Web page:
It was gutsy for a shoestring company like Opera DC -- that's even a new name -- to make its debut in its new quarters, as it did last night, with something both so difficult and so familiar as Rossini's "The Barber of Seville."
In recent memory, this chamber version of the finest of Rossini's many comic gems is up against a similarly conceived Terrace Theater production that is one of the high points of the Washington Opera repertory. Further, the Met brought a grander scaled version -- mounted for Marilyn Horne -- less than a year and a half ago.
Maybe "Barber" is not the wisest course for this resourceful five-year old enterprise as it breaks off from its former home at a Southwest Washington church -- hence the loss of its former title, Opera SW. It is resettling in the mellow coziness of turn-of-the-century of Carroll Hall at St. Patrick's Church, on 10th Street across from Woodies.
What would one expect to be the special benefits of such a production, which will be repeated tonight, tommorrow and three times more next weekend?
Well, they turned out to be the casting of the two most difficult parts -- those of the youthful ingenue, Rosina, and of the barber himself, the worldly Figaro, whose crafty intelligence provides the Count with skills in pursuing Rosina that His Lordship cannot alone command.
It is in these characters that Rossini, who knocked off this work at his usual pace (in about a fortnight), exhibits his greatest emotional involvement and also erects his greatest technical hurdles.
The most important thing about mezzo Mary Pat Finucane's Rosina is that she sings it as written, something that has eluded many of its familiar exponents. That most famous of bel canto mezzo arias, "Una voce poco fa," was actually sung low, in E major, just as the composer intended. Of course, it's very hard. But that combination of virtually contralto lows with dazzlingly articulated runs at the top -- in effect, like two separate voices -- is just what makes Rosina such a refreshing feat.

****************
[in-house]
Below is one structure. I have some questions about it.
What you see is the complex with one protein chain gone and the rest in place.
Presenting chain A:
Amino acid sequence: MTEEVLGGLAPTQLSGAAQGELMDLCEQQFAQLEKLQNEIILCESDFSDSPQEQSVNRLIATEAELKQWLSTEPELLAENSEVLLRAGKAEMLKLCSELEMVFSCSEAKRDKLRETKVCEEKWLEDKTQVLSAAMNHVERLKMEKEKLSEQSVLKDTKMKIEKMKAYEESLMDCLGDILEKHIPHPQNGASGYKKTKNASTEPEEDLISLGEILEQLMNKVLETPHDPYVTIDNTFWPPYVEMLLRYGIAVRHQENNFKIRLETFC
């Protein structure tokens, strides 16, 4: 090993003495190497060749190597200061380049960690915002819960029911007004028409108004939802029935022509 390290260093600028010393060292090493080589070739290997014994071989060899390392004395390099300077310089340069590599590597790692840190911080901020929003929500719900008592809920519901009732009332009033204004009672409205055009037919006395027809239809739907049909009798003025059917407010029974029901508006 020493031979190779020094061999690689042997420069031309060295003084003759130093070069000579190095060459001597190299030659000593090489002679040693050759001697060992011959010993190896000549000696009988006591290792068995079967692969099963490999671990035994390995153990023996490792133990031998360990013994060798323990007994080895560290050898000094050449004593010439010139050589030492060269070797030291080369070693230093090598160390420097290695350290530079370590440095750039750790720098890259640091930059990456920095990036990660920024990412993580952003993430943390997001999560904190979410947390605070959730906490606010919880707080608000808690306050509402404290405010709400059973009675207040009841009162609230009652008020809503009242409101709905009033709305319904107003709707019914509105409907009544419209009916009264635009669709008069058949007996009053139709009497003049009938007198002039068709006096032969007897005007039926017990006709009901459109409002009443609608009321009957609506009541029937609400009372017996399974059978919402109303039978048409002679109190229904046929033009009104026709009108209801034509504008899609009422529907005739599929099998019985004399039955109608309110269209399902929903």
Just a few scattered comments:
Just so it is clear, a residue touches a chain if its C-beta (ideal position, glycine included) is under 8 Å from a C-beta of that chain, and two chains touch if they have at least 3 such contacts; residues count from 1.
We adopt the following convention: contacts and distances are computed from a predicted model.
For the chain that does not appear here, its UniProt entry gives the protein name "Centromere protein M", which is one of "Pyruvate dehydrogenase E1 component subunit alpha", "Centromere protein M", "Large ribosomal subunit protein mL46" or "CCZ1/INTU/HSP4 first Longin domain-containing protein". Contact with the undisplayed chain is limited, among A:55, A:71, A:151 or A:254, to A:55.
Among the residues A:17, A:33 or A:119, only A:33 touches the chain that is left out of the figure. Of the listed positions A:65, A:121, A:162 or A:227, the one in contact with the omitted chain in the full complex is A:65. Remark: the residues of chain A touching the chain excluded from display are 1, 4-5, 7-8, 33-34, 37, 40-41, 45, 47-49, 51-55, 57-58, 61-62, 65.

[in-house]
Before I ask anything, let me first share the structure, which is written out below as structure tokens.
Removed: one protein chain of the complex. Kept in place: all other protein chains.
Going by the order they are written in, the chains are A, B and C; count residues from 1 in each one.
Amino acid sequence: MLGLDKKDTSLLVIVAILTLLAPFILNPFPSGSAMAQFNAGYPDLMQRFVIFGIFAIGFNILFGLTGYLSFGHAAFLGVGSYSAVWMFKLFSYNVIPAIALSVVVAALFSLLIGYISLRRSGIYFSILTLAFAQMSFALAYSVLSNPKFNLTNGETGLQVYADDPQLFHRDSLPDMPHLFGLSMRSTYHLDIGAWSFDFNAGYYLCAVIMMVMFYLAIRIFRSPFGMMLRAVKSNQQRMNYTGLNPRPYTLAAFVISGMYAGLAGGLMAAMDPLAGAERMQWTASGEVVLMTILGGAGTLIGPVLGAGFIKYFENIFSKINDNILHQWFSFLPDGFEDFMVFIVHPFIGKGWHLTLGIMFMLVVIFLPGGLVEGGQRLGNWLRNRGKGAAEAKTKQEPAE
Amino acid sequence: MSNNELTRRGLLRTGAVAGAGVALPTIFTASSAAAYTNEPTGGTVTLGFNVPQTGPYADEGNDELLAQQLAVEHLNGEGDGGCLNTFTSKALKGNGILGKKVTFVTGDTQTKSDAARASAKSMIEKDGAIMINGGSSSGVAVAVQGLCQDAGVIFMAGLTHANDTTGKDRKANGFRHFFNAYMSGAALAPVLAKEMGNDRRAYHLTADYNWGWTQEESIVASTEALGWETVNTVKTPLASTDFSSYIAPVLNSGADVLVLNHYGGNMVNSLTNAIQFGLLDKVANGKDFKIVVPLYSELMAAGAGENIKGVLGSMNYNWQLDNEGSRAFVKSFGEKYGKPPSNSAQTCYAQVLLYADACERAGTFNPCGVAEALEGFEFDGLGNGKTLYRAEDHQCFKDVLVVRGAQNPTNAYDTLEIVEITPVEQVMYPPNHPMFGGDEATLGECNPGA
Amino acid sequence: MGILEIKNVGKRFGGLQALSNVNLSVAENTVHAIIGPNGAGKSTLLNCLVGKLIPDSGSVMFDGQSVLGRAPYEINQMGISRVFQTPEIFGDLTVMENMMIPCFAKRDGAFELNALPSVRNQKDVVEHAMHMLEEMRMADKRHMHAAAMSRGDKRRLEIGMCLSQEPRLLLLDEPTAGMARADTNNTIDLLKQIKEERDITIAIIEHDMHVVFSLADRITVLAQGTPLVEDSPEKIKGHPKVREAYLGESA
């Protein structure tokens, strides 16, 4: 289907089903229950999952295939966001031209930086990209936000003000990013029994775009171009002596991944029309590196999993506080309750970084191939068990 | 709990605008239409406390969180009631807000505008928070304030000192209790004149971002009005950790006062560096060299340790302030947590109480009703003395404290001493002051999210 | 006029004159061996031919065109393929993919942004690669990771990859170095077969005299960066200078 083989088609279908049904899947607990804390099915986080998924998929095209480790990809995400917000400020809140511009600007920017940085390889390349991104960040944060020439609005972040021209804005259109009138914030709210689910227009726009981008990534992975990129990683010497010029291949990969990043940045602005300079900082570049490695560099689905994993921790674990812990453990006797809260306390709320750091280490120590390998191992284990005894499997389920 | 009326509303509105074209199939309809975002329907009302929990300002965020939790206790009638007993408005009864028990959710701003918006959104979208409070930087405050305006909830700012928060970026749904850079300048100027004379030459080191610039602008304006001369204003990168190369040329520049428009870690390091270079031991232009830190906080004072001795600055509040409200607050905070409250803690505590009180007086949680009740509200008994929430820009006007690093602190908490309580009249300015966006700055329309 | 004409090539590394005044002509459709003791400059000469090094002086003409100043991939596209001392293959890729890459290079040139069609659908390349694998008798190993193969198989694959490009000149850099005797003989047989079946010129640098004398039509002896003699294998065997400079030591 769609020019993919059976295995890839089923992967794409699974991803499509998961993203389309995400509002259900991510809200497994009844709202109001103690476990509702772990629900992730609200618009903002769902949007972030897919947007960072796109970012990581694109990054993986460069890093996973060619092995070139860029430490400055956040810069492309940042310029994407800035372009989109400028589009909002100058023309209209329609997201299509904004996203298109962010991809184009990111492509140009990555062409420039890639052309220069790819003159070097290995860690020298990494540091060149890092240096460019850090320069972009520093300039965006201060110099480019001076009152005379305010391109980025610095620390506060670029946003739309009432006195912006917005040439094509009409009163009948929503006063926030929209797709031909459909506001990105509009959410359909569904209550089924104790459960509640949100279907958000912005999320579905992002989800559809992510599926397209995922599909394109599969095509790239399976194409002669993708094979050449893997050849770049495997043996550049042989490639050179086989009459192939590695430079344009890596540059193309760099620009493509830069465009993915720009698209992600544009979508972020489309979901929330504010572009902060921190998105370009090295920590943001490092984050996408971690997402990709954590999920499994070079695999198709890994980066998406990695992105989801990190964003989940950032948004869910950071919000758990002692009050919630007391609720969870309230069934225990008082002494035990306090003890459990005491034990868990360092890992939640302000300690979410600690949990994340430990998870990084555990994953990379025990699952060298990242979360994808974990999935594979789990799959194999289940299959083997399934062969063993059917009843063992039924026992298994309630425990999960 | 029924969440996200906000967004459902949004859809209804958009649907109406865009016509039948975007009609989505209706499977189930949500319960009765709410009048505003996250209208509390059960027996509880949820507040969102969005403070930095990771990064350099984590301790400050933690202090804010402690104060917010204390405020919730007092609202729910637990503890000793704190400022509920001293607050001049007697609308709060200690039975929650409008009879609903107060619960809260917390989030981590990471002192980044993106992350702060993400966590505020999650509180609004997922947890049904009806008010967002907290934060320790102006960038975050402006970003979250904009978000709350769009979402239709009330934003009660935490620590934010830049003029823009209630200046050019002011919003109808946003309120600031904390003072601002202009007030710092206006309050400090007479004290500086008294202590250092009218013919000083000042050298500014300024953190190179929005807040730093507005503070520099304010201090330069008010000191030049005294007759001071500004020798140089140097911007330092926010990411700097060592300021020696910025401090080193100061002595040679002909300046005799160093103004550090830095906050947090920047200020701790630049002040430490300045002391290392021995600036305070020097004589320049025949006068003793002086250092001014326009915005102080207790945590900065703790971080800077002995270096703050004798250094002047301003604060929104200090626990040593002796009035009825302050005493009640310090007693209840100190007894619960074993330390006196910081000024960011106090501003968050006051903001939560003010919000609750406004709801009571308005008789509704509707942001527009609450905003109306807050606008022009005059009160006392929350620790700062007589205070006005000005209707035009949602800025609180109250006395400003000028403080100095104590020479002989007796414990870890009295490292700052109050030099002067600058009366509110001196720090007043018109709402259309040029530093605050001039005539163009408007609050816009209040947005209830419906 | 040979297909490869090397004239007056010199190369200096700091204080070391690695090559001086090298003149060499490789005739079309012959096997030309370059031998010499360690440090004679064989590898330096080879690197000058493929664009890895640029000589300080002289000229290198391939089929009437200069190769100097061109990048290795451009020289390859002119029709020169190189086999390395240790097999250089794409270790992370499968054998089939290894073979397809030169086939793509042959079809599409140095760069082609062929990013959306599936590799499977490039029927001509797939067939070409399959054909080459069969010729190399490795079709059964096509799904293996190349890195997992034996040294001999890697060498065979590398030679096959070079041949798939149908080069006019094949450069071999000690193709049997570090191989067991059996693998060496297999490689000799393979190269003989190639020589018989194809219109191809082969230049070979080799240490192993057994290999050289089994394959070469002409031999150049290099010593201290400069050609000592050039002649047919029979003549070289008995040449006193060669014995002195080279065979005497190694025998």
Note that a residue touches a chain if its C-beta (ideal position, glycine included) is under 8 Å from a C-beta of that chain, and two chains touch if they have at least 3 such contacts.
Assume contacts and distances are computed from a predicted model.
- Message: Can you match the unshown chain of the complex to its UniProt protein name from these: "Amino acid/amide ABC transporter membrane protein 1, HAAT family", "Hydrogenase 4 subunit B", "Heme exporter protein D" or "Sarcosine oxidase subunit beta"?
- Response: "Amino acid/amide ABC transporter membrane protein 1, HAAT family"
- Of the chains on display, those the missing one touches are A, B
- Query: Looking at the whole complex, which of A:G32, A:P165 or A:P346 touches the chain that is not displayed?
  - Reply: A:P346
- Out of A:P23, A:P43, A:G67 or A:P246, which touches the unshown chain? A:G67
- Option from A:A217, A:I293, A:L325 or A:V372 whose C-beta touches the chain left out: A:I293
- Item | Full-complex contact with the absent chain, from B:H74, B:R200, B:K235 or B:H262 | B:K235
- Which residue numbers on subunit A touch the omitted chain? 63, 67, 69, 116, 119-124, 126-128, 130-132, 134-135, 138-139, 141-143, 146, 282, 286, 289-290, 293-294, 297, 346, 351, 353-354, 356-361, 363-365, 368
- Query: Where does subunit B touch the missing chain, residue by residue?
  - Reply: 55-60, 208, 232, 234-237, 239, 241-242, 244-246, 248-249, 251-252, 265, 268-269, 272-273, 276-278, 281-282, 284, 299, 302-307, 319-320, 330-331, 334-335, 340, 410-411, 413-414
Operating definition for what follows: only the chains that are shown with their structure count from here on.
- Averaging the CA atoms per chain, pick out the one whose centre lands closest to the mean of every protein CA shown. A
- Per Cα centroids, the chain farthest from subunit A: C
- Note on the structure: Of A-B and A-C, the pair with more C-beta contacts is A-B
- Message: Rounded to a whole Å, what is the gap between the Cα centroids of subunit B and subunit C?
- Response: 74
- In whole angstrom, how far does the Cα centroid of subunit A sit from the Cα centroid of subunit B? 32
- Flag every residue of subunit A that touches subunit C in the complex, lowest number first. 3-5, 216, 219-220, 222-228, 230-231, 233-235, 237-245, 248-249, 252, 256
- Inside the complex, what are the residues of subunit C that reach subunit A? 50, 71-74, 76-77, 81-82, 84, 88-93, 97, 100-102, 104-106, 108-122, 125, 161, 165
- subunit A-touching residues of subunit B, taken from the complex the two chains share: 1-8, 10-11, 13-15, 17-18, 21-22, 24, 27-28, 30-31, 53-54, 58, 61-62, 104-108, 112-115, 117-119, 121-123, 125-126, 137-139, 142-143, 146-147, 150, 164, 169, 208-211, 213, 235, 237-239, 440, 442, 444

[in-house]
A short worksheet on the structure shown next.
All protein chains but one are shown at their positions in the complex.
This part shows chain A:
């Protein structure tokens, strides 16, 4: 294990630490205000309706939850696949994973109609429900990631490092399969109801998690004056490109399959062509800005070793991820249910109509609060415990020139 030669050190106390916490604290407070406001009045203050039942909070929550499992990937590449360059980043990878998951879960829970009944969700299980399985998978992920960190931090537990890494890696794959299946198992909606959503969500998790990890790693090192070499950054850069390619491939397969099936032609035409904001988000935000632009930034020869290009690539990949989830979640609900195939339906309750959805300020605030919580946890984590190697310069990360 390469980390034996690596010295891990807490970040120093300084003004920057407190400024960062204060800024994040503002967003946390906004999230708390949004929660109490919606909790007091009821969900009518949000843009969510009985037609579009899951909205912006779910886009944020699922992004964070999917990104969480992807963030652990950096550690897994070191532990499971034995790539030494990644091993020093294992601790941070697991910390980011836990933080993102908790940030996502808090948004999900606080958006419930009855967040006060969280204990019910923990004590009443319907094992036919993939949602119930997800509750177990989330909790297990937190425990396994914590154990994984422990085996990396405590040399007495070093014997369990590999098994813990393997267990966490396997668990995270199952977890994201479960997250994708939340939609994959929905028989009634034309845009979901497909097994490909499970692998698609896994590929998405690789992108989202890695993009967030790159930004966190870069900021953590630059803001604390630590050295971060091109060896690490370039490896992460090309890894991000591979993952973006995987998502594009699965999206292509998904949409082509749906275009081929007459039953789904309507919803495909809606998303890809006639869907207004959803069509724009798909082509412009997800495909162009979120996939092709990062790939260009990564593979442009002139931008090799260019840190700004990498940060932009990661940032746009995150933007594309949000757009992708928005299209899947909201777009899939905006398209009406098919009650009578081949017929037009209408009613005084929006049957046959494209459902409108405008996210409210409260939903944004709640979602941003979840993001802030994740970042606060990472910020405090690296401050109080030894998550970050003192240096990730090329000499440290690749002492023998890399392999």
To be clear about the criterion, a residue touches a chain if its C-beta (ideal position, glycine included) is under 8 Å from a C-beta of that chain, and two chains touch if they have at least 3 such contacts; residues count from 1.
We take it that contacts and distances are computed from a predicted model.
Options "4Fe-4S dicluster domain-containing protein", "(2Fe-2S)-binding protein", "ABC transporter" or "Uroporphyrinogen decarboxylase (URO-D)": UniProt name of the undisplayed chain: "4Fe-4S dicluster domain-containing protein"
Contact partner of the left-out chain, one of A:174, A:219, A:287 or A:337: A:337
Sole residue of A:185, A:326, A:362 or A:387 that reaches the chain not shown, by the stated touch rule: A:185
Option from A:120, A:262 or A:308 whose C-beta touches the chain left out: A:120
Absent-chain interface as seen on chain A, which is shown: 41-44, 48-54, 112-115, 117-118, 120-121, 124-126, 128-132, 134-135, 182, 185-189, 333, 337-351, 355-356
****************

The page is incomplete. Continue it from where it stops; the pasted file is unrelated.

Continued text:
Likewise, baritone Lewis Freeman rose to the challenge of the two vocal arias of Figaro's part. In this case, the sustained notes were at the top -- at the points where the coloratura passages came to rests. Freeman's runs were agile, but those long notes were rich and beautifully controlled.
Neither singer was the ultimate in phrasing finesse, but they were lots closer than their peers -- taking into account the general excellence of bass Andrew Wulff's Don Basilio as well (he may have just one aria, "La calunnia," but what a brilliant one).
The best singing was better than one expected. And it helped compensate for the weakness of one of the production's most widely touted traits -- the fact that it was sung in English. The opening lines of "Una voce" were simply impossible for these ears to understand. At least if it's in Italian, many listeners know what's being sung even if not every syllable strikes the ears. Sometimes it was better not to hear last night's English. Somehow "La calunnia" began "Let me teach you . . . " which had nothing to do with the text. The answer is to stick with Italian and to use subtitles.
Among the other performers, tenor Joseph Myering was frequently under strain as Count Almaviva, Henry Burroughs was overwrought as Don Bartolo and Joan Morton was bland as Rosina's maid, Bertha.